Chest infection/pneumonia

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What is a chest infection?

A Chest Infection is inflammation or infection in one or both of the lungs, (sometimes called pneumonia) in children this can be caused by Viruses or Bacteria. Viruses are the most common cause of a chest infection in children. Often this develops after an infection in the upper respiratory tract (nose and throat). This causes fluid to collect in the lungs, making it hard to breathe. Chest infections can be mild and will resolve on their own. However, in more serious cases children may need to be treated in hospital.

What are the signs and symptoms of a chest infection (pneumonia?)

The signs and symptoms depend on what caused the infection and the age of the child. A bacterial chest infection usually begins more quickly than if its viral.

Your child may have one of the following:

  • Generally unwell
  • High Temperature/fever
  • Fast and/or difficulty in breathing cough
  • Weakness
  • Vomiting
  • Tummy aches or pains
  • Chest pain especially when coughing
  • Feeling tired
  • Reduced appetite

What treatments are available?

Chest infections are treated with antibiotics. Most of the time oral antibiotics will be enough but if your child is very unwell, has complications or cannot tolerate oral medication, they might require antibiotics given through a vein. The doctor will determine if your child has a chest infection by asking you questions and examining your child. The doctor will listen to your child’s chest using a stethoscope, they are listening for any crackling or rattling sounds.

If your child is suspected of having a chest infection, the doctor may want to do some blood tests to help find the likely cause (i.e bacteria or virus) A chest x-ray maybe taken to confirm the diagnosis and the extent of the infection. Your child may require physiotherapy to help remove secretions from their chest or to help produce a cough. Sometimes children may require oxygen therapy to help them breath more easily. Children who are unable to maintain their fluid intake due to breathlessness, fatigue or vomiting may require fluid therapy. Different positions may help your child with secretion clearance and improve breathing in children who have respiratory distress.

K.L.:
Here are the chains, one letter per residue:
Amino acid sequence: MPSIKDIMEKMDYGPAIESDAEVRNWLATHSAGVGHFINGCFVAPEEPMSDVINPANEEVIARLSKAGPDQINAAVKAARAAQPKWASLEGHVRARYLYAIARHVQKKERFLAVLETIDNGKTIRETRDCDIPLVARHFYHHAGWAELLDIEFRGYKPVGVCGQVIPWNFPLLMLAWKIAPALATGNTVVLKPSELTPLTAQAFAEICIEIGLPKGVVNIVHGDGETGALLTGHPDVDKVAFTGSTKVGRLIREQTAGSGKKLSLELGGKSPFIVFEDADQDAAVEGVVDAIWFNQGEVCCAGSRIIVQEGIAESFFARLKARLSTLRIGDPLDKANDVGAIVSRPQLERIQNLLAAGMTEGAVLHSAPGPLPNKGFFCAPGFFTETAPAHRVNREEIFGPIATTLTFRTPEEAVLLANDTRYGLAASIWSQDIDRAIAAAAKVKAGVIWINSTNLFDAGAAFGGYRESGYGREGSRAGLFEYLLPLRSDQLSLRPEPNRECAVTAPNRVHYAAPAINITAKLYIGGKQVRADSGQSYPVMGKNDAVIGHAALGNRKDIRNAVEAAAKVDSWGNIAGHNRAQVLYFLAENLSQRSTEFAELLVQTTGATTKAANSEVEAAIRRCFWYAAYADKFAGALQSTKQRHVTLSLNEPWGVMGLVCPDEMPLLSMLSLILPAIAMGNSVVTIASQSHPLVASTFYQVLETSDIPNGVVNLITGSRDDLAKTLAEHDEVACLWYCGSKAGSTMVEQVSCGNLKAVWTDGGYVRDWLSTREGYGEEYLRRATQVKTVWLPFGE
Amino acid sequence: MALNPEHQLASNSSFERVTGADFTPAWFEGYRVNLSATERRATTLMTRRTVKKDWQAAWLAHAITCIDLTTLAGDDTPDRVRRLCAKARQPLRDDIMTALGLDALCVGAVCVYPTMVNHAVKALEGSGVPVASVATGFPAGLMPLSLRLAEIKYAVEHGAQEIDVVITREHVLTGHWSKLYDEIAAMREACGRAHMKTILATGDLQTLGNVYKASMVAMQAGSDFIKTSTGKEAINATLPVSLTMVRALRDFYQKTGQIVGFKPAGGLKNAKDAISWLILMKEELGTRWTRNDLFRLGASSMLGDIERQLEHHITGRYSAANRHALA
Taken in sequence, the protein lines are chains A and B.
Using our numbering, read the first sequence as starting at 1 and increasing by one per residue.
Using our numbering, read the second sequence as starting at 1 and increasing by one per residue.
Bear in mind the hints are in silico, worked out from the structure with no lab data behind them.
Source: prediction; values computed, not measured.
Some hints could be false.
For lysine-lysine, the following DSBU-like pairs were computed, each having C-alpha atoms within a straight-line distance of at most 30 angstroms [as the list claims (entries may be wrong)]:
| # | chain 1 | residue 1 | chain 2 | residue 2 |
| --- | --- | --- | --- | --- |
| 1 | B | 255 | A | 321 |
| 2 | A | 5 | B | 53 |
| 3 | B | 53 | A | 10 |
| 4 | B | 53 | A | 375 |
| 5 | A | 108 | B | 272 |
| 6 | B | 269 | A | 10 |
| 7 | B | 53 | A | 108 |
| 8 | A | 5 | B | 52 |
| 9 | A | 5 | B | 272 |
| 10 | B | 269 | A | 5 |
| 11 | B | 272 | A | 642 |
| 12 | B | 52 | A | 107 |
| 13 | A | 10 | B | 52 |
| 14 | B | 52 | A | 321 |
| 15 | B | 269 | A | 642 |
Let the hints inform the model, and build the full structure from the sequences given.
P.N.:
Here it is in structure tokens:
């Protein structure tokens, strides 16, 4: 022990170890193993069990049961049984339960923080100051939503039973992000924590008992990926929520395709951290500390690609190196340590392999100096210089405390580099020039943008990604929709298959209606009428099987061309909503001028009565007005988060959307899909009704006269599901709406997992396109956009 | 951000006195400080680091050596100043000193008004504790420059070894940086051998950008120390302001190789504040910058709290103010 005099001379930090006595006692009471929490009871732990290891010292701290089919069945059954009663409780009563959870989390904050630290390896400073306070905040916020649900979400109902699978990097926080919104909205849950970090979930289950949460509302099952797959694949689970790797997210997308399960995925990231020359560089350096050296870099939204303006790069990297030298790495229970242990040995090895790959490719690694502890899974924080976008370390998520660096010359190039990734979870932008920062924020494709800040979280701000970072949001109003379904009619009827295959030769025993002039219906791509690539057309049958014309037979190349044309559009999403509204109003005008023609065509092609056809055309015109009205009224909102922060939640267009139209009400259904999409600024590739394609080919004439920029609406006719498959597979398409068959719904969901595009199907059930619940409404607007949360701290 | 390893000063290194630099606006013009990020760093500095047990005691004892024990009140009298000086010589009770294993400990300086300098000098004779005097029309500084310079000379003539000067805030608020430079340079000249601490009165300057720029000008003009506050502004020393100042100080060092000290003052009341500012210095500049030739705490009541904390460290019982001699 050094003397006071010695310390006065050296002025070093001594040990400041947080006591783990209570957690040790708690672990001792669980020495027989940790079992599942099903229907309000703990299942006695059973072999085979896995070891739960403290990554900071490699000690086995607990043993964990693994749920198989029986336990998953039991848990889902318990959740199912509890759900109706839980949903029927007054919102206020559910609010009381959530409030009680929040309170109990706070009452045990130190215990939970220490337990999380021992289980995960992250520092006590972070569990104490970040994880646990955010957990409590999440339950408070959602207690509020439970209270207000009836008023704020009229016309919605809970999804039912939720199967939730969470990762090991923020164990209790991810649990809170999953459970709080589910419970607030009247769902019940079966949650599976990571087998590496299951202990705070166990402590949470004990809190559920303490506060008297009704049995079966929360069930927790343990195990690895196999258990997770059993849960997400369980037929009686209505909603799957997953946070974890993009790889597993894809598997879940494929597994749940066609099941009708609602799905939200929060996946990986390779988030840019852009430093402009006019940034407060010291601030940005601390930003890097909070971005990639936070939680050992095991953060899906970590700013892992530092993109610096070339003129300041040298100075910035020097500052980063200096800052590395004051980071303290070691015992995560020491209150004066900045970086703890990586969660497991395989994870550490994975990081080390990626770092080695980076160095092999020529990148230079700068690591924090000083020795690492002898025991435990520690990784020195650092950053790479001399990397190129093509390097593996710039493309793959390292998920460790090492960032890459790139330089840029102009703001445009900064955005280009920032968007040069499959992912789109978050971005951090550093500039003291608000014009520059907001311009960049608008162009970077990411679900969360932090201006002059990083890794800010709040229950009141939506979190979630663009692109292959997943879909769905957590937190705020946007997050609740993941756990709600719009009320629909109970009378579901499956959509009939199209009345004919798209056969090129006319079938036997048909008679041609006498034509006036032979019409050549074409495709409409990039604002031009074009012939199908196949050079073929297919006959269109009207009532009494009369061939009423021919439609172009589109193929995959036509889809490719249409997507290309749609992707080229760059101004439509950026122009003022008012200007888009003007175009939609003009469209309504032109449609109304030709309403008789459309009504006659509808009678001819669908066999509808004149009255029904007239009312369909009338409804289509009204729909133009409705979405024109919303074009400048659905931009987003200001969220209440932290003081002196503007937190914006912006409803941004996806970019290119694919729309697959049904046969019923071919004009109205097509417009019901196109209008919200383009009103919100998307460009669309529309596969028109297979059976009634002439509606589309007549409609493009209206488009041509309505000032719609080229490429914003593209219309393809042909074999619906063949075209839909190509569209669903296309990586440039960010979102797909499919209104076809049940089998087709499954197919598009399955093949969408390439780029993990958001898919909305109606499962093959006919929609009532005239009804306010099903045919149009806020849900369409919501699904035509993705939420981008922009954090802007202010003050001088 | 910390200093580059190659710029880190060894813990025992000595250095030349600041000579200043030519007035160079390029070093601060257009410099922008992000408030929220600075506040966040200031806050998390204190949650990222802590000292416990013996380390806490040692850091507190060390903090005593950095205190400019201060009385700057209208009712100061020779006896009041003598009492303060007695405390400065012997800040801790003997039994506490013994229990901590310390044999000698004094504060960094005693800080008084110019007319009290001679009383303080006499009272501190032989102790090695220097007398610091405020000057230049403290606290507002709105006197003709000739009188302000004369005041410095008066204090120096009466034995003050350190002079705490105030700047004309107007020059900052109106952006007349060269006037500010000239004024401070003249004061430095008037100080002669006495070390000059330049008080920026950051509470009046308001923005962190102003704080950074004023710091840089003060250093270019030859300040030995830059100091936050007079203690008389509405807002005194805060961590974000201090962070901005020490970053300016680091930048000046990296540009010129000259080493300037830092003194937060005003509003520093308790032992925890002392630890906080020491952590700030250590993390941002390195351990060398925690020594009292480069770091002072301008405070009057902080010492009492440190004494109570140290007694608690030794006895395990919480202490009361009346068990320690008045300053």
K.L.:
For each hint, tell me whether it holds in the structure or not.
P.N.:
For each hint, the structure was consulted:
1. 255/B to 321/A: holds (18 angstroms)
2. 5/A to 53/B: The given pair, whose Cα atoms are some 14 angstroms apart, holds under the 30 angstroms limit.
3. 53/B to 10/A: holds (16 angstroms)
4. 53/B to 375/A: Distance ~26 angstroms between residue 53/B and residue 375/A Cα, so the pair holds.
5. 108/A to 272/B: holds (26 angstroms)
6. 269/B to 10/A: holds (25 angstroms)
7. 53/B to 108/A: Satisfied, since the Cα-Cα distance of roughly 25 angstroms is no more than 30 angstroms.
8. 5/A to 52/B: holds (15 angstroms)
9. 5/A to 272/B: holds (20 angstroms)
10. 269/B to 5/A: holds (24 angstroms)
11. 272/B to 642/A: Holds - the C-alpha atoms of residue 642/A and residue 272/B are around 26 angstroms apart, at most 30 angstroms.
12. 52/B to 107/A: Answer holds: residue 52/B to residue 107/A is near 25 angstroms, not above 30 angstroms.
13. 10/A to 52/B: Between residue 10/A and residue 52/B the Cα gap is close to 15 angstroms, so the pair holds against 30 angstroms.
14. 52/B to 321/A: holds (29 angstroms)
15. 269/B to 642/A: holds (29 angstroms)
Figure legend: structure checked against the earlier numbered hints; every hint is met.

What can I expect as a parent and what can I do to help?

If your child has a chest infection you can help them by doing the following:

  • Ensure they get plenty of rest
  • Offer small amounts of fluid often, to avoid dehydration
  • Get them to sleep propped up on pillows if over the age of one year, which may be more comfortable.
  • Where possible encourage the child to move around at regular intervals to facilitate deep breathing which will help clear secretions. If they are unable then ensure they regularly change position throughout the day.
  • Offer paracetamol and ibuprofen for fever and discomfort
  • Do not give cough medicines
  • Do not smoke around your child and avoid environments where adults may be smoking.

Sometimes children can refuse to eat, this can be concerning for parents but your child will eat again once they feel better, it is more important to try and encourage your child to drink small amounts of fluids little and often. The cough can linger for a couple of weeks. It is very important to continue the whole course of antibiotics even if your child seems remarkably better. We hope that this information has helped to answer some of the questions you may have had regarding your child’s illness.

Red flags

If your child has any one of these below, you need urgent help. Go to the nearest Hospital Emergency Department (A&E) or phone 999.

  • Is going blue around the lips, has a harsh noise as they breath in (stridor) present all of the time (even when they are not upset).
  • Has pauses in their breathing (apnoeas) or has an irregular breathing pattern
  • Is too breathless to talk/eat or drink. Becomes pale, mottled and feels abnormally cold to touch.
  • Becomes extremely agitated (crying inconsolably despite distraction), confused or very drowsy (difficult to wake).
  • Develops a rash that does not disappear with pressure (the ‘Glass Test’) Is under 1 month of age with a temperature of 38°C /100.4°F or above.

Amber flags

If your child has any one of these below, you need to contact a doctor or nurse today. Please ring your GP surgery or call NHS 111 – dial 111.

  • Has laboured/rapid breathing or they are working hard to breath – drawing in of the muscles below their lower ribs, at their neck or between their ribs.
  • A harsh breath noise as they breath in (stridor) present only when they are upset.
  • Seems dehydrated (dry mouth, sunken eyes, no tears, drowsy or passing less urine than usual).
  • Is becoming drowsy (excessively sleepy). Has difficulty swallowing saliva.
  • Is 1-3 months of age with a temperature of 38°C/100.4°F or above or 3-6 months of age with a temperature of 39°C/102.2°F or above (but fever is common in babies up to 2 days after they receive vaccinations).
  • Seems to be getting worse or if you are worried.

If none of the features above are present, continue providing your child’s care at home. If you are still concerned about your child, call NHS 111 – dial 111